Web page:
This has to be a first: A serious scientific research project was conducted based on an episode of "Seinfeld."
Clemson University food microbiologist Paul L. Dawson was watching a rerun of a 1993 episode of "Seinfeld" in which George Costanza is confronted at a funeral reception by Timmy, his girlfriend's brother, after dipping the same chip twice. "Did, did you just double-dip that chip?" Timmy asked George. "That's like putting your whole mouth right in the dip!" George retorts, "You dip the way you want to dip, I'll dip the way I want to dip."
So can double-dipping really hurt you? Dawson decided to find out, expecting there would be little or no microbial transfer from mouth to chip, reports The New York Times. Not so! He and nine students recruited volunteers and asked them to each take a bite of a wheat cracker and dip the cracker for three seconds into a tablespoon of test dip. Six dips were used: sterile water with three different degrees of acidity, a commercial salsa, a cheese dip and chocolate syrup. They repeated this using new crackers so that each dip sample had three or six double-dips in it. The Clemson team analyzed the dip to count the number of aerobic bacteria in it.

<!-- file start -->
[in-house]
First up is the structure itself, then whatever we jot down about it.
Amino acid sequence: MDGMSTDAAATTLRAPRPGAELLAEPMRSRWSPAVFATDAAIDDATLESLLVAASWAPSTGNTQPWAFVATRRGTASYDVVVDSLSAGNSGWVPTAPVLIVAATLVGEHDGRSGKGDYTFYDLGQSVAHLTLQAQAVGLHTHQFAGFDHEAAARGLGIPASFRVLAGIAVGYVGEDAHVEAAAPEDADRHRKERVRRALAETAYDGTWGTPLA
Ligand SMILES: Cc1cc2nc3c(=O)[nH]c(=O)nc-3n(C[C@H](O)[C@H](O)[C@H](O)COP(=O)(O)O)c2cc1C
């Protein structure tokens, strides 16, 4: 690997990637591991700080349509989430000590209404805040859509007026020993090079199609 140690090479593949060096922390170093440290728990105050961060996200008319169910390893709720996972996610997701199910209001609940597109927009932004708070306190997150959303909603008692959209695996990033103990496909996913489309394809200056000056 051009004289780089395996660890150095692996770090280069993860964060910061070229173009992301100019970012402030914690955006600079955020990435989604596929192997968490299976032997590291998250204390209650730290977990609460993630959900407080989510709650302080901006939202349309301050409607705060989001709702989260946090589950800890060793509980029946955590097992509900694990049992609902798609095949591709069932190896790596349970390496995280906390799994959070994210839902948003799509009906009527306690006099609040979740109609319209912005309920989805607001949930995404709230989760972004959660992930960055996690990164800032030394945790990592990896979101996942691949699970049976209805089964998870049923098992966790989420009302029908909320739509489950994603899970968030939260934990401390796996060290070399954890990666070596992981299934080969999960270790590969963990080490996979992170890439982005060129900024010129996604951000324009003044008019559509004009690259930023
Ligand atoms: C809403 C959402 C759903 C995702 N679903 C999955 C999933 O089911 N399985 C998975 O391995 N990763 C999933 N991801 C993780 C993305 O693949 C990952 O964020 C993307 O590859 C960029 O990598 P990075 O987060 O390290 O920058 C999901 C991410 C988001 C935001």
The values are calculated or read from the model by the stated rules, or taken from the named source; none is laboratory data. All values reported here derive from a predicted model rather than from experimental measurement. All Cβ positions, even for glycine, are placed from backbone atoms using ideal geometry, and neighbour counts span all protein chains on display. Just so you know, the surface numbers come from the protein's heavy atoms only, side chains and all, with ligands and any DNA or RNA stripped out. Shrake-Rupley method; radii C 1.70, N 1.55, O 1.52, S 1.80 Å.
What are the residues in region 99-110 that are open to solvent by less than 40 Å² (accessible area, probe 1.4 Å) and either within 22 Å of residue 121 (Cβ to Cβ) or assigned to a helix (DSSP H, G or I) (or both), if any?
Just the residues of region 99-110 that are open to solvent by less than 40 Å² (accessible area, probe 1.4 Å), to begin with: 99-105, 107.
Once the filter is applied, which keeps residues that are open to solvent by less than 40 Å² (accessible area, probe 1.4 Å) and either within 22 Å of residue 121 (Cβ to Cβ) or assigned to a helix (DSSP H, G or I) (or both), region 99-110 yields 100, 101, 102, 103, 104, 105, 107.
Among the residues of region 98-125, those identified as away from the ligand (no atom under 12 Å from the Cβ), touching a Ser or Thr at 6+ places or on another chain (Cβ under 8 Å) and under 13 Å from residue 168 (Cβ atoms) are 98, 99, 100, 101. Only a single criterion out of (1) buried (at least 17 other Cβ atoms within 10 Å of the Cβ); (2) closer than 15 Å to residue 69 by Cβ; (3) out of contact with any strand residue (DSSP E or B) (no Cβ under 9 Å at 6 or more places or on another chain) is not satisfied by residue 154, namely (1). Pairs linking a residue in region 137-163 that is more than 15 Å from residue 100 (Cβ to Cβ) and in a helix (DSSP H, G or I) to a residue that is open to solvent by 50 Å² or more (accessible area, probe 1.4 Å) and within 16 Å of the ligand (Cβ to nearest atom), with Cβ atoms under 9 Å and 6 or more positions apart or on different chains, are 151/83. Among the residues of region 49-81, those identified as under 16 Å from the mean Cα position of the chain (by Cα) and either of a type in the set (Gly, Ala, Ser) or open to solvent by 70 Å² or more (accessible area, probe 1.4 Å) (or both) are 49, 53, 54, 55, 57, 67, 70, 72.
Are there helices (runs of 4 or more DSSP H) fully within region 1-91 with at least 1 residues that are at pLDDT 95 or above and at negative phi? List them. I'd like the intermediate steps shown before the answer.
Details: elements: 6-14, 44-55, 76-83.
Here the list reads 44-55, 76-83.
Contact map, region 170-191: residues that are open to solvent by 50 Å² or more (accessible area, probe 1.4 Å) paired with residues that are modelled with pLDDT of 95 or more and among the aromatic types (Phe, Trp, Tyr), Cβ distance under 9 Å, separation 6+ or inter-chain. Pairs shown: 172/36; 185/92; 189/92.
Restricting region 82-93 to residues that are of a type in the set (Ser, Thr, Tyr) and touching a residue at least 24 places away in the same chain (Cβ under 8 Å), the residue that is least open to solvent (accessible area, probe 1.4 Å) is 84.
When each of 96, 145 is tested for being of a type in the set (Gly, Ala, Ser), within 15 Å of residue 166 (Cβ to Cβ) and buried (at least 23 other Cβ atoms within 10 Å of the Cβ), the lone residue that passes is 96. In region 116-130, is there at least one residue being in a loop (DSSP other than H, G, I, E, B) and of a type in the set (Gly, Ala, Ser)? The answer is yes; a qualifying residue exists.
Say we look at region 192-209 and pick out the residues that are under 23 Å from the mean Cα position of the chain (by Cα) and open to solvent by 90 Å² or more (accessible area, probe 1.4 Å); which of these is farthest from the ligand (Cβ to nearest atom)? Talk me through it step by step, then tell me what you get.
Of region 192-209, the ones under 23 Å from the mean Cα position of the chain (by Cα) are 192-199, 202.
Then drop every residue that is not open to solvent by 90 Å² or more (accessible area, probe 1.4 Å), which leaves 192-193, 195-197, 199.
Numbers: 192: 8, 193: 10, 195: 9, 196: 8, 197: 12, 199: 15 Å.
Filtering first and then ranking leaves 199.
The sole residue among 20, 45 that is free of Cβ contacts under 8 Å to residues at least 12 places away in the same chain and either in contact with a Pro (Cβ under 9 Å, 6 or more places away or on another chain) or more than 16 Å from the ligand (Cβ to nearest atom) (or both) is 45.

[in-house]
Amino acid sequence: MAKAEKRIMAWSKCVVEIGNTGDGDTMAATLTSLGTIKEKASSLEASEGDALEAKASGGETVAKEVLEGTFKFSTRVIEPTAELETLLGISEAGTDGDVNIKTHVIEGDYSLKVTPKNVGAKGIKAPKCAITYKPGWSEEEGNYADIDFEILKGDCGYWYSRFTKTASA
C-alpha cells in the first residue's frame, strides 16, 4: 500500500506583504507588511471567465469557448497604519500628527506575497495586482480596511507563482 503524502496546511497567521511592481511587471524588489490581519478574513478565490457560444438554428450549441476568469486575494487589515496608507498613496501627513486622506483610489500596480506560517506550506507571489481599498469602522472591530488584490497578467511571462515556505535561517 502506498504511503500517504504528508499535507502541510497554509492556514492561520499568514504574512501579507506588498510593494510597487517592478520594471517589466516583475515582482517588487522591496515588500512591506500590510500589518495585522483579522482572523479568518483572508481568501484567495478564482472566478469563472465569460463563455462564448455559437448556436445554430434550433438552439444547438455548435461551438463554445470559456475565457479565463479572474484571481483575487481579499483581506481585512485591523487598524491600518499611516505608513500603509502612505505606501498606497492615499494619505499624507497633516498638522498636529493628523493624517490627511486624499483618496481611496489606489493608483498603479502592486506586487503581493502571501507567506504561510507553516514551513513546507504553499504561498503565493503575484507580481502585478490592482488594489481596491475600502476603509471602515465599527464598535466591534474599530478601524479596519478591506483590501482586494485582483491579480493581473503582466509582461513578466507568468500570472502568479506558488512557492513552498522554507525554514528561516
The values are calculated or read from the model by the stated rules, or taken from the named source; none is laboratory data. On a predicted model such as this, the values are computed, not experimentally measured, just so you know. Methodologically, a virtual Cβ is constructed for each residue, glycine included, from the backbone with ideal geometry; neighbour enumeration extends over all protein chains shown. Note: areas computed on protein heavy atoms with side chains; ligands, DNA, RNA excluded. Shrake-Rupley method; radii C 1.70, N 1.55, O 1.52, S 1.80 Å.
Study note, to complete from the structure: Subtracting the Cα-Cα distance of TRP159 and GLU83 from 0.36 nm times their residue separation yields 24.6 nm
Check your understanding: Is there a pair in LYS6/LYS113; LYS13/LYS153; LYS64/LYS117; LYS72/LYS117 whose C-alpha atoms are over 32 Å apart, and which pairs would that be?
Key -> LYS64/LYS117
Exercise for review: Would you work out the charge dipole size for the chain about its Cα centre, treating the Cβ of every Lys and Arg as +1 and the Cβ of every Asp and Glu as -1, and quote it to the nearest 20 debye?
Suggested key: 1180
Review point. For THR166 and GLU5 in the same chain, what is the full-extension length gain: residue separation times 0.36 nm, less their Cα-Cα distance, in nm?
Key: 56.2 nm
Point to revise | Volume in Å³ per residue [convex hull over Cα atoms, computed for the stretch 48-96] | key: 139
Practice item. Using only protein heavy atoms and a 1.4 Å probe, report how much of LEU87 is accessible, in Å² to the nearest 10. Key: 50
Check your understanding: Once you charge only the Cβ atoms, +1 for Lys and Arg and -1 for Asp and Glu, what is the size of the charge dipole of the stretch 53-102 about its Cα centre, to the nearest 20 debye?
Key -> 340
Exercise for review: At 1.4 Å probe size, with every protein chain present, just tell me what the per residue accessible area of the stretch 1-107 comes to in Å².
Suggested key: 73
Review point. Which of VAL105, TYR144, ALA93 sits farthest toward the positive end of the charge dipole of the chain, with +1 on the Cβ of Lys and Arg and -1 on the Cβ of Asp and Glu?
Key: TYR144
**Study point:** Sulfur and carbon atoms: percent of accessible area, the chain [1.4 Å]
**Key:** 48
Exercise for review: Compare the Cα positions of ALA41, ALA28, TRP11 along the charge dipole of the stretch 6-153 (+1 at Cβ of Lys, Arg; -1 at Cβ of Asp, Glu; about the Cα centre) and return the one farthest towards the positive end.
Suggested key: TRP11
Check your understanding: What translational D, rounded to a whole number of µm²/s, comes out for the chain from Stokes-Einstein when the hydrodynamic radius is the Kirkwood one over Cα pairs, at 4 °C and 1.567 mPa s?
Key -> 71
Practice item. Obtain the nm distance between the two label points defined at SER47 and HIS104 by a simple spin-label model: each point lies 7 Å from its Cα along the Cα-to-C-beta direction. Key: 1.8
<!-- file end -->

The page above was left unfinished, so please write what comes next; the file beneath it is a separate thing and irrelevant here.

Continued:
The results: On average, the students found that three to six double-dips transferred about 10,000 bacteria from the eater's mouth to the remaining dip, reports The Times. So if people sporadically double-dip into a cup of dip, at least 50 to 100 bacteria are transferred from one mouth to another with each bite.One important note: The type of dip makes a difference. The more acidic the dip, the fewer the bacteria; however, the runnier the dip, the more bacteria are left behind. "The way I would put it is, before you have some dip at a party, look around and ask yourself, would I be willing to kiss everyone here?" Dawson told Times reporter Harold McGee. "Because you don't know who might be double-dipping, and those who do are sharing their saliva with you."
Link to the original article.